Have a look at this page. http://www.psychocats.net/ubuntu/security I have been using linux for eleven years, never had a virus. I gave up using an operating system which required a virus scanner and anti malware program and their constant updates. Linux is secure by design, ie users run with reduced privileges, programs have controlled access to other programs Windows programs have full access, making exploits difficult to stop. Total linux viruses in 20 years, less than ten. Windows, over one million and rising daily
lukehopewell1 writes "The tenth annual AusCERT (Australian Computer Emergency Response Team) conference kicks off today in Queensland, Australia, touting appearances from Microsoft, Telstra, Rio Tinto and the founder of Kaspersky Labs, Eugene Kaspersky. You can watch a video wrap-up of AusCERT conferences in the years gone by, complete with laughs, interviews, old-timey newscasts and that time IBM gave out USB drives laden with malware."
Repossessed writes "Amazon is now cracking down on Yaoi manga, with several titles that have been available on the Kindle since 2009 being delisted and others now being rejected, according to Digital Manga Publisher. DMP has also stated that Amazon has not given any rationale for the rejections and removals, and Amazon has not been answering emails or phone calls from journalists asking about the subject."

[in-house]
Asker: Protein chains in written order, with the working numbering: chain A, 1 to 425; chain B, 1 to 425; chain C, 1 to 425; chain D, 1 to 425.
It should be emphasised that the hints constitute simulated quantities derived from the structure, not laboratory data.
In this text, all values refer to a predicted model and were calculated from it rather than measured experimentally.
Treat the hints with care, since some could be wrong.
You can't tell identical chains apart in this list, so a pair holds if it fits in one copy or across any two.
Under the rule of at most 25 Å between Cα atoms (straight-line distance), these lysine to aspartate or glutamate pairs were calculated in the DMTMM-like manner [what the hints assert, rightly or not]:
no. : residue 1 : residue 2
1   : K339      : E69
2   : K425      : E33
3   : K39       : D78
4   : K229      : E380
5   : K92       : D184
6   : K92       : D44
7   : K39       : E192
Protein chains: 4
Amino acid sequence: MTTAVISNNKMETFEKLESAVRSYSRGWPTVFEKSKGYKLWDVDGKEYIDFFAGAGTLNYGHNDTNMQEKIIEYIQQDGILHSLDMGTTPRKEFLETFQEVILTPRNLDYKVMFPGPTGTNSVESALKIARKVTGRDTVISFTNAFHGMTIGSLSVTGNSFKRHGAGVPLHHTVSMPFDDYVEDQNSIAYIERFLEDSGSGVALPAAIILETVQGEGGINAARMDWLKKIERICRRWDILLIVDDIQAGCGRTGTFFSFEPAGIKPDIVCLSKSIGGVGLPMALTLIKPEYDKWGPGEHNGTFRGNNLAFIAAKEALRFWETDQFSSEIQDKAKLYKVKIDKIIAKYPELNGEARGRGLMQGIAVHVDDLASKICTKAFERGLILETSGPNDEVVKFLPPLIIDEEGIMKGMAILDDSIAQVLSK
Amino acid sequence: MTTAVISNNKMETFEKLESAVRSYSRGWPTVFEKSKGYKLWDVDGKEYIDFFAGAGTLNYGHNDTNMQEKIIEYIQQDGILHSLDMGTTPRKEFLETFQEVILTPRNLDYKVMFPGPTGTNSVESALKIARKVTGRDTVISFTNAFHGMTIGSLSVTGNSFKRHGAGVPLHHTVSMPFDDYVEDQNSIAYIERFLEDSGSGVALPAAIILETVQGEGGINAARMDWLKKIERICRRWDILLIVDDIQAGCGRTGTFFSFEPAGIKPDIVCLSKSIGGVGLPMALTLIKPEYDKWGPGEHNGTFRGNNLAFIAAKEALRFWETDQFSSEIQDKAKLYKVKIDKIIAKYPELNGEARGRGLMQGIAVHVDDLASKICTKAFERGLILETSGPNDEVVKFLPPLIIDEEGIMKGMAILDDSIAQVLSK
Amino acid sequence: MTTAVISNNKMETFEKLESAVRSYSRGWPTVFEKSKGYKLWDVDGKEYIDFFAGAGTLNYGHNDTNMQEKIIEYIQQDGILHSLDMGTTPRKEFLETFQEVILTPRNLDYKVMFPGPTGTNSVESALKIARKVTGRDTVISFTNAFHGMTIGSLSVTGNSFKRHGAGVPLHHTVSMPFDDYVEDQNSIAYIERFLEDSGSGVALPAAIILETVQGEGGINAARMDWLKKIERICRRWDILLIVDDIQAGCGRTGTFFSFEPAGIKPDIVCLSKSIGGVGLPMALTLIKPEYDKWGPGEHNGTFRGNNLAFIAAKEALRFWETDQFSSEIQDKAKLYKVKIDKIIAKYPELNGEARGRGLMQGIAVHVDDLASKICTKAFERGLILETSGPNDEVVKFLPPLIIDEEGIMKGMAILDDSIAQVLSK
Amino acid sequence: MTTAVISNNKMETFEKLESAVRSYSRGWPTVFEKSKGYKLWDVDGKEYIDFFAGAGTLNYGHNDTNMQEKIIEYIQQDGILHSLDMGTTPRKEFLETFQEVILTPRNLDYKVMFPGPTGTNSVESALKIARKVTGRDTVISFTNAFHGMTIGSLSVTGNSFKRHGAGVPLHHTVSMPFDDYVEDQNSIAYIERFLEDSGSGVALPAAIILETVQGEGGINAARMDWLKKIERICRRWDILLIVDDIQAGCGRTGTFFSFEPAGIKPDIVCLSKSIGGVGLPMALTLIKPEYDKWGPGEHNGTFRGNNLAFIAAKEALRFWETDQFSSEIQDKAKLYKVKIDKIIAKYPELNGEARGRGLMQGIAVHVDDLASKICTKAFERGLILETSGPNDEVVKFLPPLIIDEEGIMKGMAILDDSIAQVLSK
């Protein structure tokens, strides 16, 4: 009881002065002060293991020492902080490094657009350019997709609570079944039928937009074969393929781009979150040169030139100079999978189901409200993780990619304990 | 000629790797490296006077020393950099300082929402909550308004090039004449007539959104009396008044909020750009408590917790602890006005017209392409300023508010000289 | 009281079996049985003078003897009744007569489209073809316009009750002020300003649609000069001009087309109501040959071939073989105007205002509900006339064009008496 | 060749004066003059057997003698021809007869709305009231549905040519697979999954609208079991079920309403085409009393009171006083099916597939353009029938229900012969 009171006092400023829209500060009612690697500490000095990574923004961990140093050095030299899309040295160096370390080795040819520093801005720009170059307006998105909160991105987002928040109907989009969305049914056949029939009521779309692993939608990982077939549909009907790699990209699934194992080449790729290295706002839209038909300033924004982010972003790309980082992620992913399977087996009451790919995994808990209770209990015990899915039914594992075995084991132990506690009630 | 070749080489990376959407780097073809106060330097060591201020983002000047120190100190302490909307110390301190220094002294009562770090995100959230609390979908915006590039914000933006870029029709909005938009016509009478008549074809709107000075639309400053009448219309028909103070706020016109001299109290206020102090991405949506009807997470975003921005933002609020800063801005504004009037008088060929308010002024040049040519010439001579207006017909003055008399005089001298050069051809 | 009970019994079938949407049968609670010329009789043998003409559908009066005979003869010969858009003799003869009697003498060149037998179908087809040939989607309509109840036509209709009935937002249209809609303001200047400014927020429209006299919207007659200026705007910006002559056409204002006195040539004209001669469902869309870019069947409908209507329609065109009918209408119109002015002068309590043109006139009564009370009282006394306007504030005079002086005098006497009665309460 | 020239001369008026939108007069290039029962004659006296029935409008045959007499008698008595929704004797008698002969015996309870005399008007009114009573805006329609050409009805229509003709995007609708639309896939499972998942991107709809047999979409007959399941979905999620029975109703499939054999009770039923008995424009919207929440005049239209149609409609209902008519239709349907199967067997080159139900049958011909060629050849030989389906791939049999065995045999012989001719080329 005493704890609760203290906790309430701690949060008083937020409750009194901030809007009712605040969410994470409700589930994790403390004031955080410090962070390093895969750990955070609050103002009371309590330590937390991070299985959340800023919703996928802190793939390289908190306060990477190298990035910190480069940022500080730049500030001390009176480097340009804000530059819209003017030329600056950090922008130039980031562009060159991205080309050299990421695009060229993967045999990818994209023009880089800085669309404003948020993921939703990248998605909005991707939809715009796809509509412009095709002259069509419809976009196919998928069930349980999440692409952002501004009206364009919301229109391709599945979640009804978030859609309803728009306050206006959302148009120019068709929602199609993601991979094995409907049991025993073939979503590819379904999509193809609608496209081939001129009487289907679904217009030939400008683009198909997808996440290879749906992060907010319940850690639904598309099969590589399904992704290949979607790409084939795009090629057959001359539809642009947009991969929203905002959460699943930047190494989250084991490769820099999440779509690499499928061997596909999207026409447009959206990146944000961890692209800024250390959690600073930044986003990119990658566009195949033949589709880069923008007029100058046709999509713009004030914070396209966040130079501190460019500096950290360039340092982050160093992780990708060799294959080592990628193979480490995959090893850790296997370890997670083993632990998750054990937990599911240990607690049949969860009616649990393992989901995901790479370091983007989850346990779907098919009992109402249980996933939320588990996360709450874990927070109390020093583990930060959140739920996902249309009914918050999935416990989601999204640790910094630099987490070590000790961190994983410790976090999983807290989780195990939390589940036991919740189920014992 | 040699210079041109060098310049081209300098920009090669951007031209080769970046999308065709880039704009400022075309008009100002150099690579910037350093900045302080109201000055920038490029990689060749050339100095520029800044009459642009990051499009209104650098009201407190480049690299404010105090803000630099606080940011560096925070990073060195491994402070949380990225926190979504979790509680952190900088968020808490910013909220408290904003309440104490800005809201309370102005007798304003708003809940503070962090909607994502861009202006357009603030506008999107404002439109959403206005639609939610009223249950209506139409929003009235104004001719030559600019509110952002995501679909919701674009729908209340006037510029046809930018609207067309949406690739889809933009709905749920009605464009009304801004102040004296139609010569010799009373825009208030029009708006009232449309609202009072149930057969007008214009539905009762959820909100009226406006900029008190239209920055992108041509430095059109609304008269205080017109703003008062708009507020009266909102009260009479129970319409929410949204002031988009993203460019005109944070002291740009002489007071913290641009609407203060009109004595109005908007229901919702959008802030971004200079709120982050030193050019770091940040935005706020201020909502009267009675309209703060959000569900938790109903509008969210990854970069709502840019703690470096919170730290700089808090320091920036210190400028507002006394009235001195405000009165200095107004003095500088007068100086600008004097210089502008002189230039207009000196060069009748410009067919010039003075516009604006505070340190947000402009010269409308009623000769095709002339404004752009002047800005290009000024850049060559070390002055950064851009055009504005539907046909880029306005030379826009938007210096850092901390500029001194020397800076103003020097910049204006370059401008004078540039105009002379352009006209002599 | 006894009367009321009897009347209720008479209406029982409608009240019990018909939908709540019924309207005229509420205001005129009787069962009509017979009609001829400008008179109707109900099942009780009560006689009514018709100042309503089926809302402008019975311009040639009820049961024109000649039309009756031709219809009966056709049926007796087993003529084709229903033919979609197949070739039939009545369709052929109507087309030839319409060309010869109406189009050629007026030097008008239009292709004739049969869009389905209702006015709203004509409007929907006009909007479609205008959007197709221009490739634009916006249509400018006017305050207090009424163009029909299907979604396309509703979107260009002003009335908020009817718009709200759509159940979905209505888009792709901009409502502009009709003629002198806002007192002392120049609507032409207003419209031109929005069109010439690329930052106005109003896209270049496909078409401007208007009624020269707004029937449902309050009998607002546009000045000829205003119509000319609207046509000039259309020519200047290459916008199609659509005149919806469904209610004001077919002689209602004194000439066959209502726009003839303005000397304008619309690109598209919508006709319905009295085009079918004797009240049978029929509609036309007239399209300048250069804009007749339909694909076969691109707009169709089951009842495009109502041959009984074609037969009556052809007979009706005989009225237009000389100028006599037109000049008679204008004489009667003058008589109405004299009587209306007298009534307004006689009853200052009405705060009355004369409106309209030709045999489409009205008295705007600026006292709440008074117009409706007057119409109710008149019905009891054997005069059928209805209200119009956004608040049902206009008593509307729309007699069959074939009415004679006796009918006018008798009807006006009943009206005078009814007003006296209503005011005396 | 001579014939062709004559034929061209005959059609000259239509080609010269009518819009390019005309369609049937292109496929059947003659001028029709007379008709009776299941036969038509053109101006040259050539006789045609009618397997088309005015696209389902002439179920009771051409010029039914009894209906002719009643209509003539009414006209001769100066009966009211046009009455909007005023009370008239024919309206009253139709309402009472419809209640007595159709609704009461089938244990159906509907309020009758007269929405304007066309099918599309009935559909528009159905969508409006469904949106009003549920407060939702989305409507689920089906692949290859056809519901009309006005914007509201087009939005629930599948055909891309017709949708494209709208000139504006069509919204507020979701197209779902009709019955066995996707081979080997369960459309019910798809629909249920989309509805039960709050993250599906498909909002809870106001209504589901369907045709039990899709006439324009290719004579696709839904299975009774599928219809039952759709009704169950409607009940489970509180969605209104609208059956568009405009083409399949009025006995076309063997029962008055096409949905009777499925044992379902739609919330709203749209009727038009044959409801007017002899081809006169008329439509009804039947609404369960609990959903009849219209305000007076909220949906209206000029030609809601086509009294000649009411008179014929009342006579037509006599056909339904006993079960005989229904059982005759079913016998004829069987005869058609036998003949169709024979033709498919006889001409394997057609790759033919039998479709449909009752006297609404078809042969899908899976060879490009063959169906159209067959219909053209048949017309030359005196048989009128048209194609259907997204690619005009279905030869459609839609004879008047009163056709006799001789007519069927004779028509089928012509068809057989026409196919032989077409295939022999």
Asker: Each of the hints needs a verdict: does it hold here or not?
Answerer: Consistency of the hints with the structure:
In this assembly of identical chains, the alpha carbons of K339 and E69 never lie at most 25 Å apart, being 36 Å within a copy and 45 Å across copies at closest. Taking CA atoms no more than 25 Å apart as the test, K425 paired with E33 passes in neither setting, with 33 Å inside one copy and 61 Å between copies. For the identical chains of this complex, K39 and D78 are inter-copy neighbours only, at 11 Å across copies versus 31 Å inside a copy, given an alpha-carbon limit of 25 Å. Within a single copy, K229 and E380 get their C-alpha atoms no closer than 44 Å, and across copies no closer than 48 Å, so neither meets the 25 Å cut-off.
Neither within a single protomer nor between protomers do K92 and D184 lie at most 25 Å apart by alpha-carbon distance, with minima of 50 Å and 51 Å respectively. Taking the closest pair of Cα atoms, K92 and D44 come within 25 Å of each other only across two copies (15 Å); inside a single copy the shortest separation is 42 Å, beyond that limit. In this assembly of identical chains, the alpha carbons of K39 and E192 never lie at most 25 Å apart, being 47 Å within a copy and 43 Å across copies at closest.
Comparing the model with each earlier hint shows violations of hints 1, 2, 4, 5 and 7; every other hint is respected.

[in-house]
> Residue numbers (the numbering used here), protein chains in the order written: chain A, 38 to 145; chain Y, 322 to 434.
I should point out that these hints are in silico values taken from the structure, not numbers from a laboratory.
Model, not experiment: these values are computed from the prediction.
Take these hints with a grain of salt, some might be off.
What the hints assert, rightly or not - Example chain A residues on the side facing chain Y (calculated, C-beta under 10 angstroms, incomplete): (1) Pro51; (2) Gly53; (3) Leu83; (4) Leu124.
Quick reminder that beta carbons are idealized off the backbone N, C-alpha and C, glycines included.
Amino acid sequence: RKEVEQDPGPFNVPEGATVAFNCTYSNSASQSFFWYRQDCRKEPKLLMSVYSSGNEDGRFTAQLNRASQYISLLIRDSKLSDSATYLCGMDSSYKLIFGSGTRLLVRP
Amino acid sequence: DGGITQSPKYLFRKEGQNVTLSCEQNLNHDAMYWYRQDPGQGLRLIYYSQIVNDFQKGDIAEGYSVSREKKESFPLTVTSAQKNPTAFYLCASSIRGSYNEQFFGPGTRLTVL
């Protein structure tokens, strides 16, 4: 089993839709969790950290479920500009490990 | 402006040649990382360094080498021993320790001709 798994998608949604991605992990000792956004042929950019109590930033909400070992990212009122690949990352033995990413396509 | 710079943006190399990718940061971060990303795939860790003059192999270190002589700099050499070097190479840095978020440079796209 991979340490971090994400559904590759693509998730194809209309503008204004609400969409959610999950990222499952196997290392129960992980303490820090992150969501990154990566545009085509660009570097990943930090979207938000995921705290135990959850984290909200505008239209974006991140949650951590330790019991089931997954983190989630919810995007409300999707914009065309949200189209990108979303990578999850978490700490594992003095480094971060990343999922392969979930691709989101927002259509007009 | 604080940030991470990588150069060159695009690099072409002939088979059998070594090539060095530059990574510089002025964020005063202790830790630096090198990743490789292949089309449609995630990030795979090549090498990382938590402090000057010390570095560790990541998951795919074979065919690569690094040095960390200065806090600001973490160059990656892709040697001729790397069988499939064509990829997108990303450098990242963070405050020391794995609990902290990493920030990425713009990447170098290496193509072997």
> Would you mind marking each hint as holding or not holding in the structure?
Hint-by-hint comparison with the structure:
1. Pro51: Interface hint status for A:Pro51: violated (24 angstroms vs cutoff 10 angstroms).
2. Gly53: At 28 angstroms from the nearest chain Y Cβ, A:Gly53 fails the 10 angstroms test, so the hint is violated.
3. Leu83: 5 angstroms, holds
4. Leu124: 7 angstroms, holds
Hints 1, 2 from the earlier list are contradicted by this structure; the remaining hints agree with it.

RyanDJ writes with his reaction to the Sony PSN outage, wondering if our rush to online services and digital distribution for games is a bit too enthusiastic. "I love technology, I just want it to slow down. I know I sound like an angry old 'get off my lawn' kind of guy right now, but until my 8-bit Nintendo dies from plastic corrosion and age, it will continue to play any game I find just as it was supposed to. Online dedicated games, one day, will lose servers. System crashes, such as the Sony problem, will cause interruptions. I feel if we don't slow down, stabilize the current technology and ensure its safety, find ways to guarantee that items bought are permanently owned even without a physical copy, we might see a company such as Nintendo saying that online isn't worth it!"
An anonymous reader writes "Last week several defendants including one high-profile TV presenter were sentenced in Portugal in what has been known as the Casa Pia scandal. The judges delivered on September 3 a summary of the 2000-page verdict, which would be disclosed in full only three days later. The disclosure of the full verdict has been postponed from September 8 to a yet-to-be-announced date, allegedly because the full document was written in several MS Word files which, when merged together, retained 'computer related annotations which should not be present in any legal document.' (Google translated article.) Microsoft specialists were called in to help the judges sort out the 'text formatting glitch,' while the defendants and their lawyers eagerly wait to access the full text of the verdict."